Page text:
3. What is the goal of Phowa practice?
The goal of phowa is to stabilize the mind at the moment of clear light awareness during the dying process and achieve enlightenment in that stabilization.
Class 6 - Being w/ Dying Part 2
1.I n helping us begin to consider our own death and the dying of loved ones we talked about practicing what I call Liminal Endurance or what John Keatss calls Negative Capability. Please define this in a way that makes sense to you and write a sentence or two about how that helps us be with our own or others dying process.
Negative Capability -
“When a man is capable of being in uncertainties, mysteries, doubts, without any irritable reaching after fact & reason.” – John Keats
Liminal Endurance – Refraining from latching onto dogma and/or reified views while in the midst of anxiety and groundless states.
Often in the unknown and especially the unknown of dying the anxiety leads us to grasp to certainties and dogmatic clarity. In learning to be comfortable with the discomfort of the unknown we expand our capacity to let go of control. And often when we let go of control and trust the mystery of life and death we find ourselves held and safe and receiving the gift which is “dying”.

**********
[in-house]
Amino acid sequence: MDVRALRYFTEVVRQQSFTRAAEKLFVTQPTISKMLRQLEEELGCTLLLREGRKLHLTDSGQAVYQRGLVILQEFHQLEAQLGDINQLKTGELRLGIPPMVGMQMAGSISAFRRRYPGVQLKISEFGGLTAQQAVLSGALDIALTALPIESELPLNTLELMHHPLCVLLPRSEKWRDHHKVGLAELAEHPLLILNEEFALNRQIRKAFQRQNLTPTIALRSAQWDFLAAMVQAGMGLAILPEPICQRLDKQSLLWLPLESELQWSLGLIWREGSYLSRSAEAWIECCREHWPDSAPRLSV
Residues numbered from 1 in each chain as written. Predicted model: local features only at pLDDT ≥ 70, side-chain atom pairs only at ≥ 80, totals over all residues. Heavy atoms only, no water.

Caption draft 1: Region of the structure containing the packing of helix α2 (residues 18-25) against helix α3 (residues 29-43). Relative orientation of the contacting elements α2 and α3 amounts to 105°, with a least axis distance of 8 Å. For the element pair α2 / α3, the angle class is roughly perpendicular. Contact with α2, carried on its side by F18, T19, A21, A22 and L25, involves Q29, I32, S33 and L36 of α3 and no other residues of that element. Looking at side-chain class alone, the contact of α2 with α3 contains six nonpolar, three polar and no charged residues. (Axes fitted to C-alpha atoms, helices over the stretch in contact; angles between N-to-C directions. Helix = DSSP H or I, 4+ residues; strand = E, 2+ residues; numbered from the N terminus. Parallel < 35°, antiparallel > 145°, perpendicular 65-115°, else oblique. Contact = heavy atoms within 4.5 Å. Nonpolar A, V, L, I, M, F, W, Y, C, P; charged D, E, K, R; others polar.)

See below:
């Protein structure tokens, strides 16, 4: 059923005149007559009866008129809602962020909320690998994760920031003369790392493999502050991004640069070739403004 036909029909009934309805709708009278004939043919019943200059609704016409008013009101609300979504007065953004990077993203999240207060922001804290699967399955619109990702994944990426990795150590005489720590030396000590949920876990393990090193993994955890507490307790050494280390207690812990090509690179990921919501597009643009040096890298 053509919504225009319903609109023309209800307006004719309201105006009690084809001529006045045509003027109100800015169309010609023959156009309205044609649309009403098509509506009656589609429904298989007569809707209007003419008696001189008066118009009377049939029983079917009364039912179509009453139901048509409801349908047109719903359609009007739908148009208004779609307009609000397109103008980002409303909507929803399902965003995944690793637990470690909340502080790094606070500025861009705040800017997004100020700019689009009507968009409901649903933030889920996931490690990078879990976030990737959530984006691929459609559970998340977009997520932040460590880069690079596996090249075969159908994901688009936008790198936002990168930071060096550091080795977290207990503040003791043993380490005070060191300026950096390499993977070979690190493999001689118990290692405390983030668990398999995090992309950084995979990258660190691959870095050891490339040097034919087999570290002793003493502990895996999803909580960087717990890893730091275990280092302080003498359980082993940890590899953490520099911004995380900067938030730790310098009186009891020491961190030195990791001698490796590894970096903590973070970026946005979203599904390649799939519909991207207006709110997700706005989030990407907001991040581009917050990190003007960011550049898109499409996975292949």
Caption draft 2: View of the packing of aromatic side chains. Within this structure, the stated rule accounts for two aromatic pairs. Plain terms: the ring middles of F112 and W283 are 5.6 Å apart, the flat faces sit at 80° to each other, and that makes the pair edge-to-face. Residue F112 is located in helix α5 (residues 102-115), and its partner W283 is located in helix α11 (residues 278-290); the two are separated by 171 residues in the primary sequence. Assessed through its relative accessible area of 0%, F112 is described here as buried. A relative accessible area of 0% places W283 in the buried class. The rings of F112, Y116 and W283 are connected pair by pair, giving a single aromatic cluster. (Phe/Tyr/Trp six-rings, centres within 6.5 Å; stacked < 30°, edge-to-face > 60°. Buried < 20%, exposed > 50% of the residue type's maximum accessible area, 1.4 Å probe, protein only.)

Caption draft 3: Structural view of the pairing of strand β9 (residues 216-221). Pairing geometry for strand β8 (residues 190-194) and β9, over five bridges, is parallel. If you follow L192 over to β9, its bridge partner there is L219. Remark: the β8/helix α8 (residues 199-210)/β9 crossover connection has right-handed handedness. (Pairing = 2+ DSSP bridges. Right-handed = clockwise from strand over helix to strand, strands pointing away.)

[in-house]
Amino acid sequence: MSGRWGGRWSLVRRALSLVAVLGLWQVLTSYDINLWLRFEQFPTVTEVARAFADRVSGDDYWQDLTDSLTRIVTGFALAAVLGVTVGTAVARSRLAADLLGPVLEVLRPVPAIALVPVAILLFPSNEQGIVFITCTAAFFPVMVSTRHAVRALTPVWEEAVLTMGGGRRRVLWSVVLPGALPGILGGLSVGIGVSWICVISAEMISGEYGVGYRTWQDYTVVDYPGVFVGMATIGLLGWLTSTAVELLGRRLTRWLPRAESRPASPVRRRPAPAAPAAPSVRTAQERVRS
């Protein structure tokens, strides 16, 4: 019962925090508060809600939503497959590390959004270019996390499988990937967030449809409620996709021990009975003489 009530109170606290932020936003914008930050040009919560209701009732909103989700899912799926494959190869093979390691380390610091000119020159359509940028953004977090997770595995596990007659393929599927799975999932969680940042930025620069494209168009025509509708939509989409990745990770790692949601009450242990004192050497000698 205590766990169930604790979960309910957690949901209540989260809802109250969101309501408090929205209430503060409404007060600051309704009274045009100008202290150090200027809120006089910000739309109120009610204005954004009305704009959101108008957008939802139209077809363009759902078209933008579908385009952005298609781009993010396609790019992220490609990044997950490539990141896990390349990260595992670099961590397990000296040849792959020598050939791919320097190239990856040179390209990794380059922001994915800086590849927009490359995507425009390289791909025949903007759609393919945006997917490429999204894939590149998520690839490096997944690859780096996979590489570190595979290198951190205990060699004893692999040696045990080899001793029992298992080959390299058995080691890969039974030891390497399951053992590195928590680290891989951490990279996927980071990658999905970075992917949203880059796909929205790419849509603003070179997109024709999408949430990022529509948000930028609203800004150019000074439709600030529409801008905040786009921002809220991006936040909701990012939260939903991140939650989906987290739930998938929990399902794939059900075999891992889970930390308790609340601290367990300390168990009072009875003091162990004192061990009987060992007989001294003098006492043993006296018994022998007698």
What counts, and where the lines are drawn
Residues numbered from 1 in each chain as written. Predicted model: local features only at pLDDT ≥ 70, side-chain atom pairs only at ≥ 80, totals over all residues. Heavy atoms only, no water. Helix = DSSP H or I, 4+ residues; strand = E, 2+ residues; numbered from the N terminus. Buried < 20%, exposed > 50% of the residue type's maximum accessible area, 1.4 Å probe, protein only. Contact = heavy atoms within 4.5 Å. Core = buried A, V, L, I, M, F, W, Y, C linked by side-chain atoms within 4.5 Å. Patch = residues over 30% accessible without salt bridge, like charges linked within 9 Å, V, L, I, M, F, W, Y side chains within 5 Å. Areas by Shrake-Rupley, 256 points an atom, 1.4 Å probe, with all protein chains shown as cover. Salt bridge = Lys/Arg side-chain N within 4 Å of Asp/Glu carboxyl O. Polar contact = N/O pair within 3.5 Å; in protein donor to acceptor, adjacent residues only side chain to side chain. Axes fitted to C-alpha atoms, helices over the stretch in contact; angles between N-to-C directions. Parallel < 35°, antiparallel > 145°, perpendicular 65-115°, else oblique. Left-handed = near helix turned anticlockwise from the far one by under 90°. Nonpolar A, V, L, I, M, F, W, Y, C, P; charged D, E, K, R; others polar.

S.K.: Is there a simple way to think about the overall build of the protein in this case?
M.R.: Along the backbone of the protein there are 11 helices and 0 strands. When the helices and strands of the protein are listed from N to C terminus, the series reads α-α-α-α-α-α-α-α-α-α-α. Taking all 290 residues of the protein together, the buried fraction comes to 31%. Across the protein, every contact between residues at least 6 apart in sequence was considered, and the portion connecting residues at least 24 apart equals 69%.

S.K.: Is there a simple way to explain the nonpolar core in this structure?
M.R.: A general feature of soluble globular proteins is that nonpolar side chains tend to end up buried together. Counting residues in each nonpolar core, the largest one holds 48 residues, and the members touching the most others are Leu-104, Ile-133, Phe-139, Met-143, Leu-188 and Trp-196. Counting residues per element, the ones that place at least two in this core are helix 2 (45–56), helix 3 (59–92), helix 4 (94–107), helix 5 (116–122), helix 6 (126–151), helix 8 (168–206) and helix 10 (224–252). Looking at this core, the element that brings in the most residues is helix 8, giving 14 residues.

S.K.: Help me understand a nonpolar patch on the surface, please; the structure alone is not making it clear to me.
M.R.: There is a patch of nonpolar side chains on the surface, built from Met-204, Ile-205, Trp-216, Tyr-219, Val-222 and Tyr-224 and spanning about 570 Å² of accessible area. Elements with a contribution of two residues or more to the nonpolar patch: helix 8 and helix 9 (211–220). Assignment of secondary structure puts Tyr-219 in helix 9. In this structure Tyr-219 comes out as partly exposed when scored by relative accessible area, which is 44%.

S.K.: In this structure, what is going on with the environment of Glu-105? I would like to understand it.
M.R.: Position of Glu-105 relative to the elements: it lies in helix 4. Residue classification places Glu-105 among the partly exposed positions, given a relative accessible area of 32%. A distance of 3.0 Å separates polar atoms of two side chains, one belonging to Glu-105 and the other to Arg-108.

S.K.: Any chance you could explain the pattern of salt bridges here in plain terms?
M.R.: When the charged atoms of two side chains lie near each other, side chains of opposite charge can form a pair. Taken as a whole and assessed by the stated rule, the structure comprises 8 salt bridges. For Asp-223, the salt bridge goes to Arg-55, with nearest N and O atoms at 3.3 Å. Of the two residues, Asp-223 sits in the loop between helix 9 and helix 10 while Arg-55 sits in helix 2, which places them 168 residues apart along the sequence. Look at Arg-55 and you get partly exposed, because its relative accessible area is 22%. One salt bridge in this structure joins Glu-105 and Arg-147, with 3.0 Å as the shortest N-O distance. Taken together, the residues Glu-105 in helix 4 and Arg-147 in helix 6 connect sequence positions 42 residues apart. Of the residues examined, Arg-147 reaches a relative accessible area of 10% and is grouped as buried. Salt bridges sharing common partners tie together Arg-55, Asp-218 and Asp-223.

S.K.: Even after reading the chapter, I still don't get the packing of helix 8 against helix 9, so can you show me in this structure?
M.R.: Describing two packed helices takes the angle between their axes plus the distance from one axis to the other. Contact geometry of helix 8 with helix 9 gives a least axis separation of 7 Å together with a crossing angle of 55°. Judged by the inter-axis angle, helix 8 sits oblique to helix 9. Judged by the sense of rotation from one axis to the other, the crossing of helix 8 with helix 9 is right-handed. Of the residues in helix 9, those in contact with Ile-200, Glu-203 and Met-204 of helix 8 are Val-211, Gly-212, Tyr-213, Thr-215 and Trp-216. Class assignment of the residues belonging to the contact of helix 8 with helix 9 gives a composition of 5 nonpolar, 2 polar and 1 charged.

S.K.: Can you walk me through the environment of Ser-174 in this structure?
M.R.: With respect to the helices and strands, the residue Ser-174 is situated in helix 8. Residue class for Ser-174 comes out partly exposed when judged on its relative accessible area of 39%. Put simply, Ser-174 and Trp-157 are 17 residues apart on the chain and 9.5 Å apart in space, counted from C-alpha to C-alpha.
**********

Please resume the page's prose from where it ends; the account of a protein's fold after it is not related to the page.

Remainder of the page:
2. What are some common signs that show up in the following stages of the dying process:
1- 3 months before death
Withdrawal – the person is less interested in the world they are leaving.
First less of a desire to communicate or have visitors with friends.
Second less interest in family and loved ones
Decrease in food – First meats and hard to digest foods, and then even soft foods. It’s ok to eat less. The body is making space for more spiritual work.
Increase in sleep – there is a lot of useful stuff happening in sleep, processing and preparation.